Sunday, 11 January 2015

Marchons, Marchons

Today, for the first time in my French life (in fact, the first time in my whole life, but it's only really surprising for the French part), I participated in a manifestation. It was, of course, the Manifestation républicaine which took place following the shootings and hostage takings at the Charlie Hebdo offices, in Montrouge and at the Kosher supermarket at the Porte de Vincennes.

Following the first shootings on Wednesday morning, mixed with the shock and sadness, I felt great pride for my adopted country, as, with the killers still at large, people gathered at the Place de la République to honour the dead. Even the next evening when I went there myself, a crowd was still present, lighting candles or simply standing in silent reflection. It was so calm, dignified and largely spontaneous, and I couldn't imagine a more appropriate response to the tragedy.

I actually found the news of the hostage taking at the Porte de Vincennes more frightening than the first shooting. The first one was over before I heard about it, but this time, I learned what was happening while it was still going on. While other people had talked of the possibility of further attacks, I think I had convinced myself that a few failed copycats were the limit of what was likely to happen, and it was a shock when there was more.

And then, after the story came to its dramatic conclusion at 5pm on Friday, came the reactions. Understanding Frenchman and I had already discussed going to the march today, but, analysing the situation, I was no longer so sure that it was something I was comfortable doing. Je Suis Charlie, which at the beginning seemed a simple statement of solidarity with those who had lost their lives or their loved ones in the attack, as well as a defence of free speech, developed more nuance (at least in my own understanding). While I am one hundred percent in favour of the freedom of speech which allowed the newspaper to publish its satire, the racial stereotyping and level of offence go beyond what I personally am comfortable with, especially when aimed at an often-marginalised minority. Similarly, while I believe absolutely in the need for a secular state, I fear that this principle can be easily appropriated by atheists who use la laicité as a means to impose their own world-view on others, or at least to suppress the free expression of religious beliefs, and I didn't want to march in favour of that.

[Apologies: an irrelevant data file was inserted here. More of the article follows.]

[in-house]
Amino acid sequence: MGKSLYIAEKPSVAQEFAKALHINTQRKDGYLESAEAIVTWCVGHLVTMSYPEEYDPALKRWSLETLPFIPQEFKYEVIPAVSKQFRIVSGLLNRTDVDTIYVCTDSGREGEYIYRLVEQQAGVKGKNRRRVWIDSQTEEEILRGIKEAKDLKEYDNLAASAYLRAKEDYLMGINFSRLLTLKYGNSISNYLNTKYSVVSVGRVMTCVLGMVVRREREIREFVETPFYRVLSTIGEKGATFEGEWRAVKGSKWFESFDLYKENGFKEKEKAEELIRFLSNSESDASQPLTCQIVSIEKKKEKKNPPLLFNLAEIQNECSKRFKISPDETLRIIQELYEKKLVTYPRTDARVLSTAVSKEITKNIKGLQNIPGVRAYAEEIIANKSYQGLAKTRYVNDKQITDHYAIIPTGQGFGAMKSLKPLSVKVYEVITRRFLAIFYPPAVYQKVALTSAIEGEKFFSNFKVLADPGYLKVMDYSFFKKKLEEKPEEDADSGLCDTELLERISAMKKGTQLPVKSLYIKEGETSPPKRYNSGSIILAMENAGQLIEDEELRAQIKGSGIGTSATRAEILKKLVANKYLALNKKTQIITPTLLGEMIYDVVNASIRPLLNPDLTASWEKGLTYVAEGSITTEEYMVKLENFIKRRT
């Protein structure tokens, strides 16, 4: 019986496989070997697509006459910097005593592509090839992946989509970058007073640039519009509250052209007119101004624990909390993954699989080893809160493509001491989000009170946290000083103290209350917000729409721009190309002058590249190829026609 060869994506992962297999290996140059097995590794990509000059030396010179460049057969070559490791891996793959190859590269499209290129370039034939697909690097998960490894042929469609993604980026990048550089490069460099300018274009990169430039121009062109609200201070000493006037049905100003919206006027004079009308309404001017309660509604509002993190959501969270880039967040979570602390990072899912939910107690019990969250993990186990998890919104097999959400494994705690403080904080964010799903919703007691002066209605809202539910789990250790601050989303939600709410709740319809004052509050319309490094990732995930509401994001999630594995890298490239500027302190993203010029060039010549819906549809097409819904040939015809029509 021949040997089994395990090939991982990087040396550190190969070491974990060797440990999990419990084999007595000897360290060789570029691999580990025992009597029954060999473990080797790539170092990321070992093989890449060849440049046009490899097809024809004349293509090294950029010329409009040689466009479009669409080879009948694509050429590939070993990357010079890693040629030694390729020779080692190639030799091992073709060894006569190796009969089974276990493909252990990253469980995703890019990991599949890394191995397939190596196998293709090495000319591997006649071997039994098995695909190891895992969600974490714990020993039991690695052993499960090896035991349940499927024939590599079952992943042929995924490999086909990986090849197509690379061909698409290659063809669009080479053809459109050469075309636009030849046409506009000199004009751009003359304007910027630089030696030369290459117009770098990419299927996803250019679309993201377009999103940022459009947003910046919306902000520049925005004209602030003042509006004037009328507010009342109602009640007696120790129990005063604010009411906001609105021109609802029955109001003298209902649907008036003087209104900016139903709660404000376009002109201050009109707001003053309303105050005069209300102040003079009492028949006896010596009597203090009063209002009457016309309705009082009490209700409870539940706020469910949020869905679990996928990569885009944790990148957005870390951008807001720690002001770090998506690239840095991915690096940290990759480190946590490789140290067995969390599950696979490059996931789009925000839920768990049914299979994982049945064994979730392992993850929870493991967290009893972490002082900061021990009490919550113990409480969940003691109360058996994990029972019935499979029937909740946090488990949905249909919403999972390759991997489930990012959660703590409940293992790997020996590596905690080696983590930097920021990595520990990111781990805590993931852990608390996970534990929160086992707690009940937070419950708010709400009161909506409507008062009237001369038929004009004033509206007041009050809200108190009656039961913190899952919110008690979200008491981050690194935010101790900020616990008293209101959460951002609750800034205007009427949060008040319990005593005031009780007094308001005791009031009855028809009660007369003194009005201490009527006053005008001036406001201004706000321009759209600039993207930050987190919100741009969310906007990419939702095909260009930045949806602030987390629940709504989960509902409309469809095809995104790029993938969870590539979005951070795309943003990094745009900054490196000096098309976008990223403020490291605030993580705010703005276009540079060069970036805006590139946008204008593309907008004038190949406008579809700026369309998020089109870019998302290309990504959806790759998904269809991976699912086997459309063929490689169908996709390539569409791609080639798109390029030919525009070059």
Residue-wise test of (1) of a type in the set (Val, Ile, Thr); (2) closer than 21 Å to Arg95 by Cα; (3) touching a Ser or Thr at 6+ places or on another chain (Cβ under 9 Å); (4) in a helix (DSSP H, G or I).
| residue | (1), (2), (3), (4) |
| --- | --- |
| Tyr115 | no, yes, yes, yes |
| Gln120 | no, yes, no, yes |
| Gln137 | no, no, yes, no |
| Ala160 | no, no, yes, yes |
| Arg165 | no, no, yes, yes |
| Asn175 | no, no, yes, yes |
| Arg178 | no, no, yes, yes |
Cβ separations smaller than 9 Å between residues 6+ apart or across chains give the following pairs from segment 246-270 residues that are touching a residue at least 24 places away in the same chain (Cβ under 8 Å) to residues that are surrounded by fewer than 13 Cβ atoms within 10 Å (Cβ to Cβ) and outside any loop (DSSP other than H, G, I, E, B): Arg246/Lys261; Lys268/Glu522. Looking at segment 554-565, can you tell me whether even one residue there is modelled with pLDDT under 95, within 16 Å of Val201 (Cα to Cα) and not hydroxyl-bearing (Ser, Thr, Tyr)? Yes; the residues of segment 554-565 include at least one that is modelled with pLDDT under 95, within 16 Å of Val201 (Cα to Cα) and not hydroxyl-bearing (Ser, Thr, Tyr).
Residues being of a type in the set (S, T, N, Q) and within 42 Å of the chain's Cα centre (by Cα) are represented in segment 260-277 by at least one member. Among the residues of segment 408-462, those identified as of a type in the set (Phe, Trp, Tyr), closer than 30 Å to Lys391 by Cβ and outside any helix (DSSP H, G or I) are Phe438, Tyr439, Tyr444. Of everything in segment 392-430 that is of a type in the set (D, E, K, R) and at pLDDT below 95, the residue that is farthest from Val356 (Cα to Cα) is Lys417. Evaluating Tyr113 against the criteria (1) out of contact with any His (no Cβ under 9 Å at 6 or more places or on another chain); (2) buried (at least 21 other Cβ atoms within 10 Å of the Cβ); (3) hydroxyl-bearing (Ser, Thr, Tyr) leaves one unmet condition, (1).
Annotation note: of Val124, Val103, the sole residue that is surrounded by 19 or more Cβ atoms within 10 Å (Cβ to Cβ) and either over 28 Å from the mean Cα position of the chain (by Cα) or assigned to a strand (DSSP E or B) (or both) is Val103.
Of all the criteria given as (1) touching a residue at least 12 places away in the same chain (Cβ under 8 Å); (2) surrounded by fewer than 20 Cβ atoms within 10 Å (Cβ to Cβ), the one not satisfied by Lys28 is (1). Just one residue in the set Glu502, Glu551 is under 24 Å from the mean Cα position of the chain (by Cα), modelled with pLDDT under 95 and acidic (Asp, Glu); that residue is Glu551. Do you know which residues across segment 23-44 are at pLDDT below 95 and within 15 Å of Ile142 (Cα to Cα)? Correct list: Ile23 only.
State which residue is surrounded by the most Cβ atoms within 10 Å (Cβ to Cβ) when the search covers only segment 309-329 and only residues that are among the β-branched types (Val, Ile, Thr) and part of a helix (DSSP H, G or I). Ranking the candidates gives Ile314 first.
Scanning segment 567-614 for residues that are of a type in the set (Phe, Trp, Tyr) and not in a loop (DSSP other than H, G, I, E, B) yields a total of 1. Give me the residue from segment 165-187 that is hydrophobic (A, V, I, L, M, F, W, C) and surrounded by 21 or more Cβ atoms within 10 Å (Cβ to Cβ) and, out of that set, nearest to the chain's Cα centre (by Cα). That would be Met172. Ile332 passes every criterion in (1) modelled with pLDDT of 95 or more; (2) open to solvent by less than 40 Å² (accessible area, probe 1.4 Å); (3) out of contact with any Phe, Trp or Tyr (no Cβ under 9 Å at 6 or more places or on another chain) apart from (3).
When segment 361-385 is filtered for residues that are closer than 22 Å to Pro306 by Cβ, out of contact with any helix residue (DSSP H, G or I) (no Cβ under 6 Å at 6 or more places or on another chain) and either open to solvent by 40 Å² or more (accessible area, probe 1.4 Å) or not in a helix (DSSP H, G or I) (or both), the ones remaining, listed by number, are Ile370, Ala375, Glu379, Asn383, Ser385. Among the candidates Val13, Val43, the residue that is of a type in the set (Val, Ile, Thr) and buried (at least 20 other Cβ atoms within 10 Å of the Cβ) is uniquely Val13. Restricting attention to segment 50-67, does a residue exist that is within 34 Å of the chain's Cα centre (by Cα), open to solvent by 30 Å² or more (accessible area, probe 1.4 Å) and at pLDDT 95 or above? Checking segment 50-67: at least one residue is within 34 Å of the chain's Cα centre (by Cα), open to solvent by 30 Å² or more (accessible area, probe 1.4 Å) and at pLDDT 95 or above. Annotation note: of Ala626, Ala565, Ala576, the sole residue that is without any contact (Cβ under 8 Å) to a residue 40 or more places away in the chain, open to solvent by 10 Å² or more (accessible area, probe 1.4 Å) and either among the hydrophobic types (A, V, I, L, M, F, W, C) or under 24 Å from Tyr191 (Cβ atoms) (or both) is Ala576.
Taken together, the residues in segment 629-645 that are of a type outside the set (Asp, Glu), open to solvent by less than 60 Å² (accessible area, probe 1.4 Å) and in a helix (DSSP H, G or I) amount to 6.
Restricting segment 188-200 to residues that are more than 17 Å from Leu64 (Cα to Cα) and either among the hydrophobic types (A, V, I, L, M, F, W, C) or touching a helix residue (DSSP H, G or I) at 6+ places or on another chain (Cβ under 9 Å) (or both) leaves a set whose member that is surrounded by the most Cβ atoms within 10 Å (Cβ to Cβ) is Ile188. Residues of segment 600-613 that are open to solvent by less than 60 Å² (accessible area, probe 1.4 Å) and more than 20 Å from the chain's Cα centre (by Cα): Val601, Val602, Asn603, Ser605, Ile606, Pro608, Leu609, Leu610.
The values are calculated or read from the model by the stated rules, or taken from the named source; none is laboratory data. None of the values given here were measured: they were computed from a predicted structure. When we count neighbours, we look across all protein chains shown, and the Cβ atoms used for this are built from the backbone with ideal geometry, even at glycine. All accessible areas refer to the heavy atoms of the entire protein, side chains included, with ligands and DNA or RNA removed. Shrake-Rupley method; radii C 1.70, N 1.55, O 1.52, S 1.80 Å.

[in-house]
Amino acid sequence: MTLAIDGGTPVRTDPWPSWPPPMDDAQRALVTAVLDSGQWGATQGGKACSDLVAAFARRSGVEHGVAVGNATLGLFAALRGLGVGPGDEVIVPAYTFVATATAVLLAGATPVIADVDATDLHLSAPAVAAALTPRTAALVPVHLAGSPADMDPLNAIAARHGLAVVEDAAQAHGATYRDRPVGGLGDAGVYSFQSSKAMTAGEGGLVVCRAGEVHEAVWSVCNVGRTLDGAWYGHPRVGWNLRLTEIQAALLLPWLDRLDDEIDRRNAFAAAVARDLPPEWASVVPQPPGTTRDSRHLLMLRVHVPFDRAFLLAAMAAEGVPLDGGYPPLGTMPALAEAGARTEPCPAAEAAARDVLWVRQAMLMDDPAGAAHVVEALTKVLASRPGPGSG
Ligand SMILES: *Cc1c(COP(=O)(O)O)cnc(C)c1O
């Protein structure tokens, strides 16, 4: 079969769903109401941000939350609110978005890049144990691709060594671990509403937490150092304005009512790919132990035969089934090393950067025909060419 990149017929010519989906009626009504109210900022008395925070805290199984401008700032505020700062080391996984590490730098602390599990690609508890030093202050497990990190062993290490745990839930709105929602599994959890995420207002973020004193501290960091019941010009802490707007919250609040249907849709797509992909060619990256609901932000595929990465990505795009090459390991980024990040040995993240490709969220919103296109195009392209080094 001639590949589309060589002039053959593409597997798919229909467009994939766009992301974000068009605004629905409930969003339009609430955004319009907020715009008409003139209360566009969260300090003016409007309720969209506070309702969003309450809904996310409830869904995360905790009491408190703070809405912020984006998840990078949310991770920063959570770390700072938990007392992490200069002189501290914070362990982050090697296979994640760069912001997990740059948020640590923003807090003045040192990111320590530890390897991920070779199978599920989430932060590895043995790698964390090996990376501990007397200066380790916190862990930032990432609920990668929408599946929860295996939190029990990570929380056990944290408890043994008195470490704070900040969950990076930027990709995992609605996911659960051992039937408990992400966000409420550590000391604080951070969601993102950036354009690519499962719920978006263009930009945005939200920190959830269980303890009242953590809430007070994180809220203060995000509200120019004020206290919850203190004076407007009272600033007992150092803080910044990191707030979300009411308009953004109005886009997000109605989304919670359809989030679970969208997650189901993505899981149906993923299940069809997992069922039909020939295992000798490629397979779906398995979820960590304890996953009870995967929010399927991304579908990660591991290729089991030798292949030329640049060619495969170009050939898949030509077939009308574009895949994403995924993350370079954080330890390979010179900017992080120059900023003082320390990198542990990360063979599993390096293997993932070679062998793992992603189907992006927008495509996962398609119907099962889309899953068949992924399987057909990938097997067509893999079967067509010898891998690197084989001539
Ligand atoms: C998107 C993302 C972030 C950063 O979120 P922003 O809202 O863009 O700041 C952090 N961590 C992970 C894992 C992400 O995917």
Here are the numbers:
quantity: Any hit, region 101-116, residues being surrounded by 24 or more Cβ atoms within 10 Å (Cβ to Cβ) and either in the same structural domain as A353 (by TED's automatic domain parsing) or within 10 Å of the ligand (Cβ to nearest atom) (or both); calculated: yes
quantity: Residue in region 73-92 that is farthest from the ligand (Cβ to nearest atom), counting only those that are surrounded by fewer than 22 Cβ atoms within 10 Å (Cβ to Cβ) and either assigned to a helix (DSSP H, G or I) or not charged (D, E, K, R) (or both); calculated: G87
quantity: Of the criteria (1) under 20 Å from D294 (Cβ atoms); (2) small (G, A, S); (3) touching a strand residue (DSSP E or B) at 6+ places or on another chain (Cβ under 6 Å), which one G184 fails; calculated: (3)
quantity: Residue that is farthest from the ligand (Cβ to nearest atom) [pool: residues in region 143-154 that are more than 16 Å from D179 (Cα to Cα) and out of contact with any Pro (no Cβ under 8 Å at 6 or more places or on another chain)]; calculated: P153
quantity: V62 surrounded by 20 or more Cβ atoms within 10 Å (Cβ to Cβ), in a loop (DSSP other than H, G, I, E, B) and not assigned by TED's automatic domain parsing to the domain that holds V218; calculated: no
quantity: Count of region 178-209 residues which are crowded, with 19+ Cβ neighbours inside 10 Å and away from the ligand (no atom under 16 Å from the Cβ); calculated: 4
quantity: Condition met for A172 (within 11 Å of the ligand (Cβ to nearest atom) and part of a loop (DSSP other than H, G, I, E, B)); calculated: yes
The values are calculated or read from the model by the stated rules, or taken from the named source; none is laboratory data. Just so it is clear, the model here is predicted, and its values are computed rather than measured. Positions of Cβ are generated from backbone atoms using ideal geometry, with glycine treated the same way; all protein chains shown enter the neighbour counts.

"Jihadis, stop caricaturing the prophet"

"I am Charlie; I am kosher"

"Peace; freedom; tolerance"
But this afternoon, my fears proved to be unfounded. As we made our way towards République, many of the boards proudly declared that their bearers were from many countries and of many religions. As well as je suis Charlie there were je suis Ahmed, je suis flic and je suis juif, often on the same banner. People wore turbans and kippas and carried rainbow flags. A friend who lives on the route of the march described how every time a group of people noticed the security patrols on the roof of her building, they burst into applause. As well as freedom of speech, people marched for peace and tolerance. In the end, I was totally comfortable with what the march represented, and proud to add my presence to the millions who gathered in defence of les valeurs de la République.

1 comment:

  1. What a beautiful message - to include all religons in the deomnstration, it really gets to the crux of it all x